If anyone in your organization handles financial transactions, invoices, or payroll changes over email, you're at risk of wire transfer fraud. Criminals target sophisticated social engineering attacks toward anyone that can authorize or redirect payments or financial transactions, including accountants, salespeople, payroll and HR staff, and executives. The core issue is this: email is never a trustworthy way to validate a person's identity. It is critical that your leadership and users understand this.
Recon InfoSec, an industry-recognized leader in Managed Detection & Response, cybersecurity assessments, incident response, and training, is offering its portfolio of services and capabilities through an exclusive channel partner program.
With the ongoing conflict in Ukraine and U.S. sanctions against Russia continuing to build, the need has never been greater for American infrastructure entities to protect their operations from cyber threats and attacks.
As many in the industry are now aware, Okta experienced a form of security breach back in January which the wider industry was unaware of until screenshots obtained by the LAPSUS$ group were posted on Twitter on March 21st, at 10:15pm CDT.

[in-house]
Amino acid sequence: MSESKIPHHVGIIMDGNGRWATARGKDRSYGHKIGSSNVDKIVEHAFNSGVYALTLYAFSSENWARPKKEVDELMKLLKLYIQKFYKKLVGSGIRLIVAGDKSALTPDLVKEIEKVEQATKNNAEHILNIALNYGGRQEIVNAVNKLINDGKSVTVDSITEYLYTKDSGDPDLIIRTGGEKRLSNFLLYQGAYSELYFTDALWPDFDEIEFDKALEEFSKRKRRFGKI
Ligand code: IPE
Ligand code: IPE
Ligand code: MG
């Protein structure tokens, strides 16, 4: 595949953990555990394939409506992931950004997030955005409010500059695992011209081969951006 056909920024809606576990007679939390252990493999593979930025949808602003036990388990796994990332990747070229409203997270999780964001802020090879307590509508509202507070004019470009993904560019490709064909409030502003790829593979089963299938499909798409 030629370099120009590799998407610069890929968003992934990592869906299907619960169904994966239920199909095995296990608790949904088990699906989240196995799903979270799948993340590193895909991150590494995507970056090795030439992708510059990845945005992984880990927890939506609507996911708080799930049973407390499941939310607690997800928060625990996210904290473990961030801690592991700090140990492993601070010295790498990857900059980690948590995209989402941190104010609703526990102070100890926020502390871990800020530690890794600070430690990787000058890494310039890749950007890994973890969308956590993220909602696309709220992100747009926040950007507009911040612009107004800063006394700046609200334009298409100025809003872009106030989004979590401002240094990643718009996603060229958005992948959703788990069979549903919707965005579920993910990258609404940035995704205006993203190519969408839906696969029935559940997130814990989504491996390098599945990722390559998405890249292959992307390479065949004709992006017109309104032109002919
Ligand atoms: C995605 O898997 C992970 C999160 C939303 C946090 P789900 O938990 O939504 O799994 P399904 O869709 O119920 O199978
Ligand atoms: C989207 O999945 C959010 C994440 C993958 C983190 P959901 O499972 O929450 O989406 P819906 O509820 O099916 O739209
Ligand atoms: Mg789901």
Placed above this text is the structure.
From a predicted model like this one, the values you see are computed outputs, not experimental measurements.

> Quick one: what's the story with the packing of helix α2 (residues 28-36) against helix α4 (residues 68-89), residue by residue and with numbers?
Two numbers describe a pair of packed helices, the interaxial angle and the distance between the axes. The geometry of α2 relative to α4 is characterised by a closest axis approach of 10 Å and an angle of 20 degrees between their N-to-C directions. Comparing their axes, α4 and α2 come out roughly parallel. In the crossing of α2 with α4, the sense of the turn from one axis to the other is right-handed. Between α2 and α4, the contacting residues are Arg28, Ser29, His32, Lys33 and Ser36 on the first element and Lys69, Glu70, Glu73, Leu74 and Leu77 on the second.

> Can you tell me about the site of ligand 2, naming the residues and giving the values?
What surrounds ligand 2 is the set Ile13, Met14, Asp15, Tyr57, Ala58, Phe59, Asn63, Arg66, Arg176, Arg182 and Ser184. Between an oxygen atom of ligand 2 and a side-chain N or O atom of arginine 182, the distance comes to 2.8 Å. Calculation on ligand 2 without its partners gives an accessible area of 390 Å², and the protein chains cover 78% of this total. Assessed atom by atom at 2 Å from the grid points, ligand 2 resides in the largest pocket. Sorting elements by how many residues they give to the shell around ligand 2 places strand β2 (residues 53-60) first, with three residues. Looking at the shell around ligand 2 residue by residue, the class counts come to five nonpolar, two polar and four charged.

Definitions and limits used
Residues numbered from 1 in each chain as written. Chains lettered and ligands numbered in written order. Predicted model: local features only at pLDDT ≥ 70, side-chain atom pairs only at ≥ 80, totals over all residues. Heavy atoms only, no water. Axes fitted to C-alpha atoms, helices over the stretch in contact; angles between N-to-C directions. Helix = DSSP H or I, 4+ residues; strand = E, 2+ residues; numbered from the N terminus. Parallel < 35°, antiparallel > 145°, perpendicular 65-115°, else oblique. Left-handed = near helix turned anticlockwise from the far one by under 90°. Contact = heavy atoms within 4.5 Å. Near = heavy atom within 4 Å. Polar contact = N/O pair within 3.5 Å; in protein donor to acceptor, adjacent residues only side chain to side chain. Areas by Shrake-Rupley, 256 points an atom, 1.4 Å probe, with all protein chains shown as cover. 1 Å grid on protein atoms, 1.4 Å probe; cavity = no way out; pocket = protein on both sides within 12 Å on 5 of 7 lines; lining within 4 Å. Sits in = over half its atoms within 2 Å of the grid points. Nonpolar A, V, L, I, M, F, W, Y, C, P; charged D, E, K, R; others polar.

At Recon, we are committed to meeting the security demands of the evolving threat landscape and exceeding the expectations of our customers. We follow best practices, up to and including closely following Google's BeyondCorp approach to "Zero Trust" for our entire infrastructure. Our security philosophy is, "we must always be the most secure part of any organization that we may ever work with." This has enabled us to be a strong, trusted advisor and service provider to our customers and channel partners.
In this blog post we cover a widespread phishing campaign Recon recently observed targeting multiple customers. This post is not meant to be highly technical, instead it walks through how these attacks unfold and but still provides defenders and organizations some tools to defend against these attacks.
This guide will walk you through using CanaryTokens.org to generate a token and how to use that token to determine if an application is vulnerable to Log4j. The generated token is a string of text that you will place in various user-controlled fields of the applications (such as search boxes, forms, and password fields). If the application is vulnerable, you will receive an email from CanaryTokens.org indicating that the application is vulnerable.
The recent Log4j vulnerability (CVE-2021-44228) is unprecedented in its global scope and impact. This open source logging framework for Apache is found buried in everything from the Mars Helicopter to Minecraft. The exploit is as simple as getting the system to log a message containing a specific string, which can be done as easily as changing your iPhone’s name, sending a chat message, or visiting a website.